Tweak photos with Fotoxx (Open Source)

While F-Spot and digiKam are among the most popular photo management applications, they are not the only fish in the sea. In fact, if you need a lightweight tool that can help you to manage and tweak your photos with a minimum of effort, Fotoxx can do the job just fine. Fotoxx’s interface looks deceptively spartan: the main window sports a single menu and a toolbar that contains buttons for frequently used functions. But behind the simple interface hide quite a few powerful features like support for the RAW format (this feature requires the UFRaw package installed on your system), an easy-to-use panorama stitching function, and the ability to create HDR photos.


When you open a photo using the Open button, Fotoxx automatically sets the folder in which the photo is stored as the working directory. You can then use the Previous and Next buttons to open other photos in the directory. The Index button opens a simple photo browser that you can use to view your photo collection as thumbnails and browse it using the available navigation buttons.

The main toolbar provides quick access to Fotoxx’s image editing features. The Tags menu, for example, contains commands that let you assign one or several tags to the currently viewed photo (the Edit Tags command) and search photos by their tags (the Search Tags command). The Basic EXIF Data and All EXIF Data commands allow you to view useful photographic data stored in the photo, including camera model, exposure, ISO value, shutter speed, etc.

The Retouch menu offers commands that can help you to tweak your photos. The Red Eyes command lets you quickly fix the red eyes problem that often occurs on portrait photos, while the Brightness/Color command can be used to adjust brightness and color settings. The latter command combines several functions in one dialog window, and you can use it to tweak color balance, saturation, and brightness. Better yet, you can adjust these and other parameters only for specific parts of the photo by either adjusting the curve with the mouse or using the preset buttons. All adjustments are applied to the photo in real time, so you can immediately see the results of your tweaking. Of course, you can always undo the changes or reset the sliders by using the appropriate buttons.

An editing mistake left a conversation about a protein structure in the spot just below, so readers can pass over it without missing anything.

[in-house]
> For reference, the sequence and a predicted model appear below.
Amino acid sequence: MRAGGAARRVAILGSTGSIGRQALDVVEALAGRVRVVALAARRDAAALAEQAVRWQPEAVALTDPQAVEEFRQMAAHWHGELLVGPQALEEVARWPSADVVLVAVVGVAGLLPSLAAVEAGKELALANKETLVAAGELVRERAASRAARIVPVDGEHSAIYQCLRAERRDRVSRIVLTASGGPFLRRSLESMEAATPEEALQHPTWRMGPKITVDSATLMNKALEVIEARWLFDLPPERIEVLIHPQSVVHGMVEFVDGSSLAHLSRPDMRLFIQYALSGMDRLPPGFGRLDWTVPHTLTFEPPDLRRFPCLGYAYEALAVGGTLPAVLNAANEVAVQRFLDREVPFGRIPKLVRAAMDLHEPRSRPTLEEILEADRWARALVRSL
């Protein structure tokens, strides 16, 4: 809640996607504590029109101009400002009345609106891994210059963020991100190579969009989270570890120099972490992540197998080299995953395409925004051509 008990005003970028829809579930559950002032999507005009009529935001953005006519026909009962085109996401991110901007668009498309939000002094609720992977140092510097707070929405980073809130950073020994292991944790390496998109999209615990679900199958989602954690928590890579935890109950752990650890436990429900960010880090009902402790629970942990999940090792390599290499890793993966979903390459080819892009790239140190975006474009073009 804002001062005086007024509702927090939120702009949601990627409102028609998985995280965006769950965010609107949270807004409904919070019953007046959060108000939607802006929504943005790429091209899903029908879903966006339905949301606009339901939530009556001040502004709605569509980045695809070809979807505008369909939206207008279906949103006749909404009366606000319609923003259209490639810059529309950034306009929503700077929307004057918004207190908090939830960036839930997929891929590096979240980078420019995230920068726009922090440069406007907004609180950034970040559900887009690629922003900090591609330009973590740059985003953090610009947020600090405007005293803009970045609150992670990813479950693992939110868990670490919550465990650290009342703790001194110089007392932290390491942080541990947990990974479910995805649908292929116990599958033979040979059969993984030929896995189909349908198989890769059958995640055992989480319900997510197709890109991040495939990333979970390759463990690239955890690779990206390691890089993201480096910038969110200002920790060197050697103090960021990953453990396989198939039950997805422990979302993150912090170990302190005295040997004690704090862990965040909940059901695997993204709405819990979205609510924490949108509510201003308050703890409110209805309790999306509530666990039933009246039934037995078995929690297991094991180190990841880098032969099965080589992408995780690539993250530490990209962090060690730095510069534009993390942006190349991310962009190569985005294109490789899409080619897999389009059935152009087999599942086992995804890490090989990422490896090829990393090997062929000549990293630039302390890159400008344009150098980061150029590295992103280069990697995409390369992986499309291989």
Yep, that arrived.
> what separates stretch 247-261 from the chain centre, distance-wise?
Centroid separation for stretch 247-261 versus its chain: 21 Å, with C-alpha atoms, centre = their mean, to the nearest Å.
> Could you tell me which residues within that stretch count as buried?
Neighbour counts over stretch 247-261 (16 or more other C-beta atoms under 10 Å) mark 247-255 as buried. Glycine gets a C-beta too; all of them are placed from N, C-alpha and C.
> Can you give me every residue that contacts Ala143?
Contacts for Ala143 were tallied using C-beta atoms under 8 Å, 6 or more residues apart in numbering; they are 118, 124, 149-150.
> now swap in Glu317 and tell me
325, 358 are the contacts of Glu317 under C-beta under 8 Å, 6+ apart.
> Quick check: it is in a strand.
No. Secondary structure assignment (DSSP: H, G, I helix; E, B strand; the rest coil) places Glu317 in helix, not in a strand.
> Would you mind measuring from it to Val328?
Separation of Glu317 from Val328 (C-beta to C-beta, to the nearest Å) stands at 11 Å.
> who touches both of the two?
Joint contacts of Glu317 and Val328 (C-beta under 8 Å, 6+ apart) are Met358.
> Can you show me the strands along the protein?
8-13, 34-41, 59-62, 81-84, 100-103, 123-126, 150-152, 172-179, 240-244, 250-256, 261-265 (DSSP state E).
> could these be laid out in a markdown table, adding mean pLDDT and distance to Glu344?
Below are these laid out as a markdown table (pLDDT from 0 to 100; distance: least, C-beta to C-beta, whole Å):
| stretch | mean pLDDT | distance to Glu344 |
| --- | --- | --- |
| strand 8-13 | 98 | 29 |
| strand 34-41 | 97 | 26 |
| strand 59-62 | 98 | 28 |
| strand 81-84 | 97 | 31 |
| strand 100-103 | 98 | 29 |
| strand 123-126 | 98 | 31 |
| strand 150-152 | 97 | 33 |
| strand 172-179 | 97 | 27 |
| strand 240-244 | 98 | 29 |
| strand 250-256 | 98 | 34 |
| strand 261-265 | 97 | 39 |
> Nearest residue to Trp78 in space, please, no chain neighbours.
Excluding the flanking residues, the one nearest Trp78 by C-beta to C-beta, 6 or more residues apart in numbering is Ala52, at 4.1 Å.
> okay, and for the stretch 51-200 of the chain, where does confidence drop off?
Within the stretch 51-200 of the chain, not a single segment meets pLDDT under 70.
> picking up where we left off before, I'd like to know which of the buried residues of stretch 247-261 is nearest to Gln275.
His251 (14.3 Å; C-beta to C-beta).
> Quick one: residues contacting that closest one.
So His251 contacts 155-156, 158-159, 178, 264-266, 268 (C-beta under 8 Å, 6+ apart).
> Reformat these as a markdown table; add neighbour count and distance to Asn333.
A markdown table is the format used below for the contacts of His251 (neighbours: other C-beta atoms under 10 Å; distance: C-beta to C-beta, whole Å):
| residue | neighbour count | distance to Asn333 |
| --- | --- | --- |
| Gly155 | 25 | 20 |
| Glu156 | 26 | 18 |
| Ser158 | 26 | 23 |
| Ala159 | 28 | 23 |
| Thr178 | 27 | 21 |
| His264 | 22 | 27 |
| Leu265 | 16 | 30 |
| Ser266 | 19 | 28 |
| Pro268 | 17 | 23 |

Fotoxx also includes tools essential for basic photo editing, including Trim (Size -> Trim) for cropping photos, Rotate (Size -> Rotate) for rotating photos, Sharpen (Sharp -> Sharpen Image) and Reduce Noise (Sharp -> Reduce Noise) for improving image quality. None of these tools are particularly sophisticated, but they get the job done with a minimum of effort. The only niggle here is that the Trim tool lacks a cropping with aspect ratio, which would have been useful for quickly cropping photos to fit a specific photo paper size.

Fotoxx also includes the Unbend Image tool (Bend -> Unbend Image) which can come in handy to adjust perspective on the photos — a problem that often occurs on pictures of tall buildings. But the crown jewels of Fotoxx’s tool set is the HDR and Panorama features. The former is a sort of poor man’s HDR tool that allows you to combine two photos with different exposures into a single image with improved visibility of detail in both the darker and brighter areas . The entire process of creating an HDR image is fully automated: select the directory containing source images, and Fotoxx takes care of the rest. Usually, the application does a pretty good job of combining the images, but it also gives you a chance to tweak the final result by adjusting the brightness settings.

The Panorama feature makes Fotoxx a decent tool for stitching multiple images into a panorama. But before you can make use of this feature, you have to adjust two parameters: lens_mm (focal length) and lens_bow (barrel or pincushion distortion). You can do this either manually or let Fotoxx try to guess the optimal values. No matter which way you choose to go, make sure you read Fotoxx’s manual that provides a detailed description of how this can be done. The good news is that you have to set the lens parameters only once. After that, creating panoramas couldn’t be easier. Select the two images you want to stitch together, and use the mouse to align them. Press the Proceed button, and Fotoxx stitches the images. Add other images and repeat the procedure.

Fotoxx is like a pocket knife: it won’t replace your ordinary tool box, but it can be an indispensable tool for quick fixes here and now. Even if you find the basic editing tools in Fotoxx a bit limited for your taste, the Panorama tool alone makes it a good addition to your digital photography tool box.

By Dmitri Popov

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